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We Are Flying Solo

January 18, 2013

I Am Not An Endangered Species

The icy rain hit both (yes, I had on two) layers of hoods as the 20 mph wind cut around my legs.  Damn.  It's finally winter.  About on schedule -- January and early February are usually when we see our coldest temps, but even still, 2012 was the warmest year yet, so I make no predictions. 

As I slogged through an ankle-deep slurry of mud, manure, and horse pee, I confess I thought bad thoughts about people who rant online about how no one is a horseman anymore, no one puts in the real work, no one is a thoughtful rider these days.  I was the only person in sight as I tucked my horses into their insulated blankets and made sure they had a clean, dry shed floor to stand on as a break for their feet from the mud (and last summer I had wondered if matting the shed was worth the work, ha!).  I wasn't there to ride or longe or anything else -- my 20-mile commute was purely to prepare my horses for the winter storm blowing through that night.

Tomorrow, I will haul at least one to an indoor arena (Solo is barefoot AND a giant wuss and finds the occasional rock in our arena to be a gross insult) due to two weeks of rain (Encore is the tough brother, he can work at home with no complaints) and Sunday, Encore will be doing some road and speed work while we test out a new bit.

I know I'm not the only one putting in my time in the dark.  I know there are other people who lay awake at night thinking about their current feeding regime and conjuring up one thing to improve in the next ride and waiting impatiently for the next time weather and schedules and diesel money align so they can trot 13 miles through the woods and fields, working now because it would be unfair to expect a spring season otherwise.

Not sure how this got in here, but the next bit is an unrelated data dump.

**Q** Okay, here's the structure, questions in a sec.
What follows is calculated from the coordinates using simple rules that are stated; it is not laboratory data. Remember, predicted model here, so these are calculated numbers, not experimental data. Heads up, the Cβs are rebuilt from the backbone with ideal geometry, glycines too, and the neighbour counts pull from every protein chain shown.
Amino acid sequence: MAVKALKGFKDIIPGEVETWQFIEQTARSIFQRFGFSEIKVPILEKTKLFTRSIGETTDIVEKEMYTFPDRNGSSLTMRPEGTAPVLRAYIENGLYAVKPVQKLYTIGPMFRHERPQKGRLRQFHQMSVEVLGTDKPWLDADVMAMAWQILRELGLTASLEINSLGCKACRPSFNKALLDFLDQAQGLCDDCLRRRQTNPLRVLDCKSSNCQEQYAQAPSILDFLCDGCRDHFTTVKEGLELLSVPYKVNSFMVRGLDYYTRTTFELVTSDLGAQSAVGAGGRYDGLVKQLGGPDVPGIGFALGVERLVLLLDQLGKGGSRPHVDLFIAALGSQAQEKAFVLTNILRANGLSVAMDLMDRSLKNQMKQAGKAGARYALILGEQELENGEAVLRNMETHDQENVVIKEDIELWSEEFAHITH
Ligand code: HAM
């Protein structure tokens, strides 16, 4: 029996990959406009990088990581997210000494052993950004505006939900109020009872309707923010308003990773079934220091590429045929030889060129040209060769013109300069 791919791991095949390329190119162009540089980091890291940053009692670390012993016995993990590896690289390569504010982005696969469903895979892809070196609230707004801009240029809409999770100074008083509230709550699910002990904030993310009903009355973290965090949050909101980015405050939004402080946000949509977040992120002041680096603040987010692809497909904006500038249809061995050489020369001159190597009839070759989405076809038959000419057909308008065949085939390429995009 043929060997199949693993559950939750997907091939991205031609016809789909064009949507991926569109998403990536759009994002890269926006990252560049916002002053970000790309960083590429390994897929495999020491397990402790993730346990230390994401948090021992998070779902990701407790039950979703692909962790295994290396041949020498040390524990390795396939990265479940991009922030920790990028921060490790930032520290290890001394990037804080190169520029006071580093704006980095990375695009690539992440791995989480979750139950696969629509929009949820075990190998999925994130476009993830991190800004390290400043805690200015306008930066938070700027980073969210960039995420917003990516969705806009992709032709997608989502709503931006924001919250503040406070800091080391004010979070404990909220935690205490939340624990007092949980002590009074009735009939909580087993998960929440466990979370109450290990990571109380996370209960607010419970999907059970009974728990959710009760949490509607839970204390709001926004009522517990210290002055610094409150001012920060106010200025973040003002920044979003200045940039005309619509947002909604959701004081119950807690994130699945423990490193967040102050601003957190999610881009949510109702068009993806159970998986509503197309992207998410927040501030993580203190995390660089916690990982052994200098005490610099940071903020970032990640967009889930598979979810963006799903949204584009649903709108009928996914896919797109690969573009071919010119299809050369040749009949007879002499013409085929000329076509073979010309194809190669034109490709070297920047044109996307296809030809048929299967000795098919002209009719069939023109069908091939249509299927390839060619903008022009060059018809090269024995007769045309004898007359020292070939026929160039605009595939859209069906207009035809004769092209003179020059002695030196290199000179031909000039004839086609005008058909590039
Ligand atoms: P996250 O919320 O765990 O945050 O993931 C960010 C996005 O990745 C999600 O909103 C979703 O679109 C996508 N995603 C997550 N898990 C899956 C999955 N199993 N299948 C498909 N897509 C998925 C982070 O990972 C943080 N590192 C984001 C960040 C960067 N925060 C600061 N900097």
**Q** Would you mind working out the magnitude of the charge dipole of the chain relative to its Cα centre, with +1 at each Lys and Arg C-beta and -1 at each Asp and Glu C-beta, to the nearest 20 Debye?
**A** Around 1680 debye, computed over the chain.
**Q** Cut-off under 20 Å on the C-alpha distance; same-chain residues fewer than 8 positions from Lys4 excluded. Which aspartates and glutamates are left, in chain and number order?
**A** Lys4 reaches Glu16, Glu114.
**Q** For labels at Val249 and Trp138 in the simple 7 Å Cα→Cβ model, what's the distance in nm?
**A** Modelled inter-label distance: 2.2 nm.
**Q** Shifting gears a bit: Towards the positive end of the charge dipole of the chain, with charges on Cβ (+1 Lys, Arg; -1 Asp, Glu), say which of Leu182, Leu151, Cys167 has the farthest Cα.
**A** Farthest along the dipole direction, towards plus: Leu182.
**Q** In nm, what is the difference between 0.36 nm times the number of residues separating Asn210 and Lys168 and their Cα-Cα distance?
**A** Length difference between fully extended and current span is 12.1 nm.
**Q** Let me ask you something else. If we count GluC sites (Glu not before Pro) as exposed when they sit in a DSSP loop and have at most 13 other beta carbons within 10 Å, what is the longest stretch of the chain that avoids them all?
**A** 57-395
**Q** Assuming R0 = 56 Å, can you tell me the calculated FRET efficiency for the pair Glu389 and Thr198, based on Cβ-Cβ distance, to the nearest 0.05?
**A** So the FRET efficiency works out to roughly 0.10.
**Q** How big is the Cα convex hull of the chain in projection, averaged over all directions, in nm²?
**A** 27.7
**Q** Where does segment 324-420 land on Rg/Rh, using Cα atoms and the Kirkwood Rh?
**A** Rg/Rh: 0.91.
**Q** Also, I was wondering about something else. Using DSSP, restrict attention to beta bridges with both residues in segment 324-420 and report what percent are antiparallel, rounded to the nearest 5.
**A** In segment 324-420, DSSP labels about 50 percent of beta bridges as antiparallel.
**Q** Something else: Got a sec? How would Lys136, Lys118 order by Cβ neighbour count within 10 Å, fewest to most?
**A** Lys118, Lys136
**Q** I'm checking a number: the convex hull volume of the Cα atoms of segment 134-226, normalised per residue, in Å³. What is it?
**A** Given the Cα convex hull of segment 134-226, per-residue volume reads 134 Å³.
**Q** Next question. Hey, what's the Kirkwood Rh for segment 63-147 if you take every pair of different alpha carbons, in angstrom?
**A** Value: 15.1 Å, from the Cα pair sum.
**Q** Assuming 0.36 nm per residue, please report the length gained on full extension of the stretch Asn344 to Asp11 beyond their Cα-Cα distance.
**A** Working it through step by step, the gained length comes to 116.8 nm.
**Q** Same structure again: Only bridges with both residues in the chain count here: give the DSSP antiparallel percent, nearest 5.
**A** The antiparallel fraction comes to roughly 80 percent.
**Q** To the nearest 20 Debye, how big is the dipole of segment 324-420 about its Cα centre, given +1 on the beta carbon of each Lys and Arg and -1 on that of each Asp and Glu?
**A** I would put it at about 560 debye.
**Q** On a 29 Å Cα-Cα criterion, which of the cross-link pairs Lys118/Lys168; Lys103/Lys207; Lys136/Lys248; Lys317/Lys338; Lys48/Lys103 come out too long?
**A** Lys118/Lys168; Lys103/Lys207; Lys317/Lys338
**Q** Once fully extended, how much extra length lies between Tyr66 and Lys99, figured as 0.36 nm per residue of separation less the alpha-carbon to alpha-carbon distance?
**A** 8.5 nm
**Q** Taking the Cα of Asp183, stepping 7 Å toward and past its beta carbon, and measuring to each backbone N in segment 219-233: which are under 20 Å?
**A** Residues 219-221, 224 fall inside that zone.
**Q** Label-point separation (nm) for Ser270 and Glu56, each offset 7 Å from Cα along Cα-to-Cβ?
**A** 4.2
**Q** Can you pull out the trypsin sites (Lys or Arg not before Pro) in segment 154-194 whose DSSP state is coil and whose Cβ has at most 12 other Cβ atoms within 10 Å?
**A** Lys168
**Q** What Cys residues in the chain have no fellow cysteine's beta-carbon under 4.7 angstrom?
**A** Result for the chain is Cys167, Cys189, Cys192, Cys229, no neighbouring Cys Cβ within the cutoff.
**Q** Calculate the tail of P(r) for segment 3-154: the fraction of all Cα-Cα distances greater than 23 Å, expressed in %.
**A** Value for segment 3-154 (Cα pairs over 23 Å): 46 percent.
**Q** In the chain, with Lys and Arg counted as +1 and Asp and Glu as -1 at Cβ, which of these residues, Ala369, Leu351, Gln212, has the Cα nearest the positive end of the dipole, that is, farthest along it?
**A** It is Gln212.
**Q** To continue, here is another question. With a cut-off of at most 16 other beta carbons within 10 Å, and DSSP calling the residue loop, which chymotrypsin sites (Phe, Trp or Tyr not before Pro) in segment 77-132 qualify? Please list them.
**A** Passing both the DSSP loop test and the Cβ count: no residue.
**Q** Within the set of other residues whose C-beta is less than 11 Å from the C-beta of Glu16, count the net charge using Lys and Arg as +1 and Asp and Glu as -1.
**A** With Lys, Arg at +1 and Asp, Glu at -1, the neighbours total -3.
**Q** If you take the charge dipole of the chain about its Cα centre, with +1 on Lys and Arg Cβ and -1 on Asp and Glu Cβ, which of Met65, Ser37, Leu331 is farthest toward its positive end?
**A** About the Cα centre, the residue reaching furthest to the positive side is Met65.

We are here, in the freezing rain, under the stars (and sometimes clouds), staying on our toes and keeping the horses' routines creative and varied after we are done scraping off the mud.  After the ride, we don't come back to a fancy stall or a Florida hammock (well, I sure as heck don't anyway), we just shake off our jackets and follow the headlights home so we can do it all over again tomorrow.

I write this to you, Event World At Large, so that we are not dismissed in favour of a false nostalgic narrative.  Every day, I work so hard to not only do my best for my horses, but to learn and observe and try new things that will make us a better team.  Our kind are not unicorns in that we are neither singular nor imaginary; but our greatest quality is that you don't have to believe in us -- we will journey on regardless.


  1. I am also someone who works very hard, day in and day out (and often starting well before dawn on these short winter days!) in order to care for my equine partners. I also feel a twinge when I read what appears to be a constant barrage of lamentations over the loss of 'real' horsemanship, especially among young people. (For the record, I am on the upper range of these 'young people' in question at 23). So you are not alone :)